Our three lovely Gambian guys helped us take it out to the quite large bantaba bar area and we spent a long time spreading it all out over the tables and floor, counting it, making up some kits for a few places and then repacking the rest of it into crates and boxes to store til the next time! It all took a long time but at least we now know exactly what we have got - and where!!
We had time to visit a couple of schools afterwards and got back to the hotel for a very welcome Julbrew....
A long day of school and family visiting lies ahead tomorrow, so we are just heading off for a fairly early supper.
16 February - Optics and Visits
A hot day in Brikama today! Ian was suffering from a sleepless night and a bit of a cough, so Wandifa, Abdoulie, Yankuba and I set off just after 9am.
First, back to Pirang school to take to Mr Darboe, the very keen
science master there, a light kit of laser plus lenses for the
school and also to show him the prototype "WaterScope" that is
being developed at the Cavendish at Cambridge. This tiny microscope
is made on a 3-D printer and the images are accessed via a Raspberry
pi onto smart phone, tablet or pc. This sort of imaging was just
what Mr Darboe had been asking for last year, so to say that he was
enthusiastic is an understatement! He was extremely sad that we
could not leave it with him.... next year, maybe...
We then went to Gambia College to leave a kit of materials there for one of the new lecturers to use with the trainee teachers and then a long list of families and schools to pay sponsorship, check on progress, give out letter forms and take photographs.
Back in time for happy hour!!
17 February - Chickens, Sewing Machine and a Bicycle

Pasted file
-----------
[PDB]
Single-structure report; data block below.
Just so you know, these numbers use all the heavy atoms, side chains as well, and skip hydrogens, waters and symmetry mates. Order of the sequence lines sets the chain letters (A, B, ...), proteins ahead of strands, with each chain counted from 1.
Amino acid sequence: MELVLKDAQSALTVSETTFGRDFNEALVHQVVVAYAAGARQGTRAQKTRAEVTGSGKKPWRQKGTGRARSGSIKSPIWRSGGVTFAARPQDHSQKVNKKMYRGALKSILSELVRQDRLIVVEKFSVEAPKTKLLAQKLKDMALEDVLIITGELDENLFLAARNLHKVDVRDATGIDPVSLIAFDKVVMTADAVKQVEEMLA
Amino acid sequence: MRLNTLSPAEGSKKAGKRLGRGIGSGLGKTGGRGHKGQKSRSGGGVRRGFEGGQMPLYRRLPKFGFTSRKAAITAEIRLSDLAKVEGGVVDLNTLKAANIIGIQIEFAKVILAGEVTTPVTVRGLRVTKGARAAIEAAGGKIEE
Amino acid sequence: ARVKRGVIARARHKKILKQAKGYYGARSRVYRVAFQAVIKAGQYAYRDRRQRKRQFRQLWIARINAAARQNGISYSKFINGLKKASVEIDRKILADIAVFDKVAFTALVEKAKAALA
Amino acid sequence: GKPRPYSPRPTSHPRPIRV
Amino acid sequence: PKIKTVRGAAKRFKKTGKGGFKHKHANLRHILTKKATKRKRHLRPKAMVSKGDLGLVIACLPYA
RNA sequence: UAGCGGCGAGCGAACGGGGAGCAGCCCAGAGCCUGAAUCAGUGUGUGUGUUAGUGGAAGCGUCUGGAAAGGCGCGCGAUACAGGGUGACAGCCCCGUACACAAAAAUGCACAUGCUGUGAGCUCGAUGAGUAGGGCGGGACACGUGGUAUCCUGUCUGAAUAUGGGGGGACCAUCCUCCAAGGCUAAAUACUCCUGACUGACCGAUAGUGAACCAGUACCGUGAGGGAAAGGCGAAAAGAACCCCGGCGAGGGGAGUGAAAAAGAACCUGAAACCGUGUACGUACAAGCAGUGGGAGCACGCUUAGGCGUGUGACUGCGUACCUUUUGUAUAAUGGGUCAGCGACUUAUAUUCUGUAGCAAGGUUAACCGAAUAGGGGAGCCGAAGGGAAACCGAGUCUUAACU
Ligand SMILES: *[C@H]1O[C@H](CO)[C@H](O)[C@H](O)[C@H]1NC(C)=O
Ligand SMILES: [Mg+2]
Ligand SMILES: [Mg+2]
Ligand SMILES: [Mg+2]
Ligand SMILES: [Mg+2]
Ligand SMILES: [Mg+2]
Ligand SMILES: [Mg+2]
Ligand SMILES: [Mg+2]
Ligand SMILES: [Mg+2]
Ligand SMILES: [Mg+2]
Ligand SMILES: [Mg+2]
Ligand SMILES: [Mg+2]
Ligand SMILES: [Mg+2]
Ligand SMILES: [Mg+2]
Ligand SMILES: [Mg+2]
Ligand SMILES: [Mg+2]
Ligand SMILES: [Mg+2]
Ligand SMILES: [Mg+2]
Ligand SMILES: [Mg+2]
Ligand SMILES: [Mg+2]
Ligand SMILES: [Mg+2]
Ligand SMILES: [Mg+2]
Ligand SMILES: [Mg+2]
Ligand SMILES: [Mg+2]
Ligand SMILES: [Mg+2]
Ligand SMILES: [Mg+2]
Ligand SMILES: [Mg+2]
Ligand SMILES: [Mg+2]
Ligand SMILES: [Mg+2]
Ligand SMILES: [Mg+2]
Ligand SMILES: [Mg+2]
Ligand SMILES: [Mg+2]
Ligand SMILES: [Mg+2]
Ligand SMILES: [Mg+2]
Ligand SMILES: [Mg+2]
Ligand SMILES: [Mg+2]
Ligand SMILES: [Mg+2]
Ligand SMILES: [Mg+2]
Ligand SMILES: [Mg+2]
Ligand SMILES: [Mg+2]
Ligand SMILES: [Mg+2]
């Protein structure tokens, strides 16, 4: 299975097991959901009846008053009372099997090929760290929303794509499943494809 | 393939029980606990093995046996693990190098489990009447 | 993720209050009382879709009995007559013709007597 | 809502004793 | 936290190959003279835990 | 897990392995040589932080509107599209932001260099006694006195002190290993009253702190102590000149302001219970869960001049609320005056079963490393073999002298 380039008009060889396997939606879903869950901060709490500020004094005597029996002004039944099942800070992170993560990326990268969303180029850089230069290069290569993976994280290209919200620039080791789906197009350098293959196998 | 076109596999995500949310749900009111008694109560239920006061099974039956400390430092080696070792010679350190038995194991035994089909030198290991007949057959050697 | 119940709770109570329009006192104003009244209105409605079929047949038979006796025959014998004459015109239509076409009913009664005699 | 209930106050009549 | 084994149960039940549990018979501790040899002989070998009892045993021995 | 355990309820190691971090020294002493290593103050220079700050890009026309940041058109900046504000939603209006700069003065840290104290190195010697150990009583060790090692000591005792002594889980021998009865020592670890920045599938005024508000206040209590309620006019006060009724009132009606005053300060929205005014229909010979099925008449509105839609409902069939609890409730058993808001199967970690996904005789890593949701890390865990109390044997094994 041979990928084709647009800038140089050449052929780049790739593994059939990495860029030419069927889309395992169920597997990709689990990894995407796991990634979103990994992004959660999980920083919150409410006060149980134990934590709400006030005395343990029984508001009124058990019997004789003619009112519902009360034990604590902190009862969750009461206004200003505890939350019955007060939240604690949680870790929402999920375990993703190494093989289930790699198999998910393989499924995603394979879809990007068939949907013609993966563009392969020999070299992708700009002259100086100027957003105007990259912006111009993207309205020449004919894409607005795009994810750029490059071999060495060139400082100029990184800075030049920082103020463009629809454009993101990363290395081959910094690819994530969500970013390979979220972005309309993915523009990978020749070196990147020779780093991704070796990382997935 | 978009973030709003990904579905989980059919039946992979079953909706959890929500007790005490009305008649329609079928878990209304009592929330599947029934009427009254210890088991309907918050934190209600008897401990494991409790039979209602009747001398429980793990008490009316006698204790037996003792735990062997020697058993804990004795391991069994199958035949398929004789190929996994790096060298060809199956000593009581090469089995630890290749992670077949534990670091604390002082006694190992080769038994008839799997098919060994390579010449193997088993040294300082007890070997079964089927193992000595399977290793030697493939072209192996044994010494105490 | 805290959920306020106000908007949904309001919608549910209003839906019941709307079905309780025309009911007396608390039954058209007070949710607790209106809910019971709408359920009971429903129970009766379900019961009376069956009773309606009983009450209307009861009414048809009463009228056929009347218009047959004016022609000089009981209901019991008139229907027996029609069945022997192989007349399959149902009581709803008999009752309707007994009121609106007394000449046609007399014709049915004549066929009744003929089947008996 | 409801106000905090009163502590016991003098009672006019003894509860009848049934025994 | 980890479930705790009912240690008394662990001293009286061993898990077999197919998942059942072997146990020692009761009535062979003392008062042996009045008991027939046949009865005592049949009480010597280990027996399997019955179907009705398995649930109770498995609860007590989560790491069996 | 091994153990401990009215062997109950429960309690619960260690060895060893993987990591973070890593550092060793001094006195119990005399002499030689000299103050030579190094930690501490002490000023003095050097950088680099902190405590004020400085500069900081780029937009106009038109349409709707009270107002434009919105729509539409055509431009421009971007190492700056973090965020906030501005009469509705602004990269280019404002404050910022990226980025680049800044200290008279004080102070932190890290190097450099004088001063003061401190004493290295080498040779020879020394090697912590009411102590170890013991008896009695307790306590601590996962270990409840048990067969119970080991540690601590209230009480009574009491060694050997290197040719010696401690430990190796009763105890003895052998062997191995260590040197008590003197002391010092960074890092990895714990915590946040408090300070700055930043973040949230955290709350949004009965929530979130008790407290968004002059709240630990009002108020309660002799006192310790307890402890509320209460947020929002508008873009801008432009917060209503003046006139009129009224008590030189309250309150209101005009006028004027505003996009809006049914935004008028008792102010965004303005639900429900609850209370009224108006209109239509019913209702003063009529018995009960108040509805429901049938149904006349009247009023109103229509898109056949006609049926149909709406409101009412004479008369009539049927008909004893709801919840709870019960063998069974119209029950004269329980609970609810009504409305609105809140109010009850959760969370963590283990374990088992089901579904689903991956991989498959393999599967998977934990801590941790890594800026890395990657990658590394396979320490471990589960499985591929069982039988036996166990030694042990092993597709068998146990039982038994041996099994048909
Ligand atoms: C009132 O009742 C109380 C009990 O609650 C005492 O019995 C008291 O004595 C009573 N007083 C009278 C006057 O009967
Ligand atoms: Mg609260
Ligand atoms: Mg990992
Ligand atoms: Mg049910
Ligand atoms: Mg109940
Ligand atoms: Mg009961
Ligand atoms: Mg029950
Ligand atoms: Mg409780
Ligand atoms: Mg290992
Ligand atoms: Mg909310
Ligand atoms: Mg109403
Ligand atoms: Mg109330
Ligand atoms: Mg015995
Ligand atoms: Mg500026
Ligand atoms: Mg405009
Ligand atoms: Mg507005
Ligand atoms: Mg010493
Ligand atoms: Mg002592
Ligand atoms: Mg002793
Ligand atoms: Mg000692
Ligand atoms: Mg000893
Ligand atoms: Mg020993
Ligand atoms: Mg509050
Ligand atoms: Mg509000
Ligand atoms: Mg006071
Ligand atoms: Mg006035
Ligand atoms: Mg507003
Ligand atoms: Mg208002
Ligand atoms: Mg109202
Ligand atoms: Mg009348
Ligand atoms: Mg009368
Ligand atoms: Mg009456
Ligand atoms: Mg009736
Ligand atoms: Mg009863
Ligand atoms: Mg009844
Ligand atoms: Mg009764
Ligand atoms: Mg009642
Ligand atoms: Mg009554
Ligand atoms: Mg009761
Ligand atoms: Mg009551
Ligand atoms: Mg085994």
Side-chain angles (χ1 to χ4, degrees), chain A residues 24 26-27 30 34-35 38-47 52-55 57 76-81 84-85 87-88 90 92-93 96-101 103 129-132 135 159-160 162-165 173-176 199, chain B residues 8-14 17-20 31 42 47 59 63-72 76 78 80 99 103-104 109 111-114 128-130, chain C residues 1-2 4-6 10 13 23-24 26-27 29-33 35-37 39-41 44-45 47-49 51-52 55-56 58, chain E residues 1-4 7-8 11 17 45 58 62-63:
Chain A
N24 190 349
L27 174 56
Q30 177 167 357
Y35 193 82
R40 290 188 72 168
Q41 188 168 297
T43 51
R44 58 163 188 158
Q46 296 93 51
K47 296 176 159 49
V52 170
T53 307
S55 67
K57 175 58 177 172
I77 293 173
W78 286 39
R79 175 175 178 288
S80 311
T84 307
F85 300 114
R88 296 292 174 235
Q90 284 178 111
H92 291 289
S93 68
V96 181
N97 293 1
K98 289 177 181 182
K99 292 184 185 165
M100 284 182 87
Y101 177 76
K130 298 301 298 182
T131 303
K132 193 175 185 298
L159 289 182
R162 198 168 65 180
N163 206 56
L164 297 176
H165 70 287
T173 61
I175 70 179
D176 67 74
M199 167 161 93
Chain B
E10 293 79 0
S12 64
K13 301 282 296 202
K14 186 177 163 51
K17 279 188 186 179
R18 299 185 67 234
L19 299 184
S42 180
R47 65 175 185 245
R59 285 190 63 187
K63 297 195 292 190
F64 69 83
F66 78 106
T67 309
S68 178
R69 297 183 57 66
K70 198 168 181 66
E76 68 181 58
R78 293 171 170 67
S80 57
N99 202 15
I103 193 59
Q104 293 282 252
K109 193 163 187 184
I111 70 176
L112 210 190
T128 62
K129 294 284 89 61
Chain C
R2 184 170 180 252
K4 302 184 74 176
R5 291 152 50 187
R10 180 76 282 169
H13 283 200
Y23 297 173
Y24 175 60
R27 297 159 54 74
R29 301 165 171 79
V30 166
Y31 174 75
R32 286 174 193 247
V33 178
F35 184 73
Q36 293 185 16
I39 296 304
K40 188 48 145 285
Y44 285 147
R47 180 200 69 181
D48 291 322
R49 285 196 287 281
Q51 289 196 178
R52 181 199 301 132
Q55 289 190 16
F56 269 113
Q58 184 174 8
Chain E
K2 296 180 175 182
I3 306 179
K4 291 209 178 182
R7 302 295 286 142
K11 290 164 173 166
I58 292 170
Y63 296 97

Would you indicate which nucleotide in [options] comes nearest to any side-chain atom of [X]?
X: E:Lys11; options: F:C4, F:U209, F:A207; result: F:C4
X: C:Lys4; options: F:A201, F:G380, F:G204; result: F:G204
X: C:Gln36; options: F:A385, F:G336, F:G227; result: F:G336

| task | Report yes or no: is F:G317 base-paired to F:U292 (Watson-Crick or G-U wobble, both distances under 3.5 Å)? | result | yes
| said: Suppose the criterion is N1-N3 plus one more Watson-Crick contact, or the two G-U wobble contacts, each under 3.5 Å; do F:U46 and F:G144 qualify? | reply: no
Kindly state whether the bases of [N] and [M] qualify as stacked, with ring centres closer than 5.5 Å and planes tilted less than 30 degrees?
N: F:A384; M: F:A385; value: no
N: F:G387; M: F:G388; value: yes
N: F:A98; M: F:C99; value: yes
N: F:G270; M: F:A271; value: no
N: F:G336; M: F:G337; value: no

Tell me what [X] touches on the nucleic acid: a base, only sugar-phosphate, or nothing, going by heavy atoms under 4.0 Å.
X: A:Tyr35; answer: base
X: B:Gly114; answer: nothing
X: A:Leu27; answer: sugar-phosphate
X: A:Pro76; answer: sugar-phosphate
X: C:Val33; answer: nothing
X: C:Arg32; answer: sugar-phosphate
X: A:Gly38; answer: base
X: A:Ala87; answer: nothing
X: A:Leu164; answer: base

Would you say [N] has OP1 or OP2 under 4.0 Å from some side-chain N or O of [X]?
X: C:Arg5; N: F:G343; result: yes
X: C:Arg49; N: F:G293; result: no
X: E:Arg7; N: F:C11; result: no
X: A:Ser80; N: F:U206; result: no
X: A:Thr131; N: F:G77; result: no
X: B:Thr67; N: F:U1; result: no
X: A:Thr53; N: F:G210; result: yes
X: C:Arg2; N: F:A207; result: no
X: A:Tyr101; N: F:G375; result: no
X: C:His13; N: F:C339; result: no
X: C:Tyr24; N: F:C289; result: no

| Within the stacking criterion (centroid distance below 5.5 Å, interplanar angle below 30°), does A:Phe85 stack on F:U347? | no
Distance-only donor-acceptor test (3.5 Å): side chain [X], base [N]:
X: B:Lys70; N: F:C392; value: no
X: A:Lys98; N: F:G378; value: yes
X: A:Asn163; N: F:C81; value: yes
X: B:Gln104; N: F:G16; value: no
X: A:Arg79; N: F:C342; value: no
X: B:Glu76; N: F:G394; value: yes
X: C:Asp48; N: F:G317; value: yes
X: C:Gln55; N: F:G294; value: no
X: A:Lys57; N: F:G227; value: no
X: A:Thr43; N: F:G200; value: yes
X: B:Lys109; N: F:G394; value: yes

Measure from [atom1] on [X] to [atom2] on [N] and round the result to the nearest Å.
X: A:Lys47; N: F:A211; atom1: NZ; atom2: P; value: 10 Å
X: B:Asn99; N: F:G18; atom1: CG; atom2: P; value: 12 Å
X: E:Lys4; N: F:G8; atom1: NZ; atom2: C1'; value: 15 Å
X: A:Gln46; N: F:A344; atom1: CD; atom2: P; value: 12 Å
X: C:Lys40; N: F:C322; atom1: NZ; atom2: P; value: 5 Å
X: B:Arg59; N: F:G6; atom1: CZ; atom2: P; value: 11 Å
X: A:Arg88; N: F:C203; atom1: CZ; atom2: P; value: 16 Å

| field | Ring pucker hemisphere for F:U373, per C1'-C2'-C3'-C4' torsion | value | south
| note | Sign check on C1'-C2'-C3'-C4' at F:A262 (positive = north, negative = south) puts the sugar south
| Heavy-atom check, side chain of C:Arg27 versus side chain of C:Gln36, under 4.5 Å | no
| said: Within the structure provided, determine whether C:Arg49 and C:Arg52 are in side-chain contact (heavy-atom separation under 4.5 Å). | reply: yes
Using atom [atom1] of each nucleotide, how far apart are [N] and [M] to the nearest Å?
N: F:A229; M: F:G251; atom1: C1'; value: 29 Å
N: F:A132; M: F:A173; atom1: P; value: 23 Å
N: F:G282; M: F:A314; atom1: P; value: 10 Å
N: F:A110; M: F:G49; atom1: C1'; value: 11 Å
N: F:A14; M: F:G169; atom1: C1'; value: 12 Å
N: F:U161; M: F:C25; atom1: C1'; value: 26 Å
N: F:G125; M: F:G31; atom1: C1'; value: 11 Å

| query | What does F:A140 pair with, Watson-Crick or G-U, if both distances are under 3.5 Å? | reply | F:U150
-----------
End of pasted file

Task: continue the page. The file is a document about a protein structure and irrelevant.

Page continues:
Lots more visits to schools and families.
We have now seen the chickens in residence at
Humanity and there is another building for more
under construction (I'll add the photos when I return to UK).
Faks is very pleased with how it is all going in
general, although he did lose some of the birds
during a very hot and windy spell of weather.
He has now learnt how to cope with such conditions,
and all the current inmates look very healthy -
the older ones are just about to start laying eggs.
We have arranged to take one of the older students, who is just finishing his tailoring apprenticeship, to buy a sewing machine as the final gift from his sponsor - this is planned for next Wednesday, in Banjul.
We have also arranged to buy a bicycle for another student and a special tablet for school for yet another, both on next Tuesday if all goes according to plan.
In the evening we had dinner with some other Pageant members,
who are staying at Ocean Bay, and have arranged a trip to the
North Bank with them for next Monday. Very early start for
that as we are no longer staying in Banjul, of course..
18 February - Independence Day
Breakfast was very colourful as a large group from Senegal is staying at the hotel, having come for the Independence celebrations. All the ladies looked beautiful in their best outfits, it was a delight to see them. The group has taken over some of the villas at the far end of the hotel complex, which works very well - we see them at meals and later in the evening if there is any entertainment, but they do not seem to want to use the pool area and do not use the corridors in the main hotel building where we have our rooms.
Just family visits today, as schools are closed on Gambian
Independence Day. Over the last two days, we have seen
36 students - not bad......
More to follow.....
19 February - MRC and more visits
We started off today with a highly successful visit to the
labs at the main Gambian MRC facility in Fajara. We phoned
early and were able to make a 10am appointment with the
laboratory manager. We took both the schools version of the
Waterscope, which was similar to the one we took to show them
in November, and the higher magnification version that has
sufficient resolution for the MRC malaria and sickle cell work.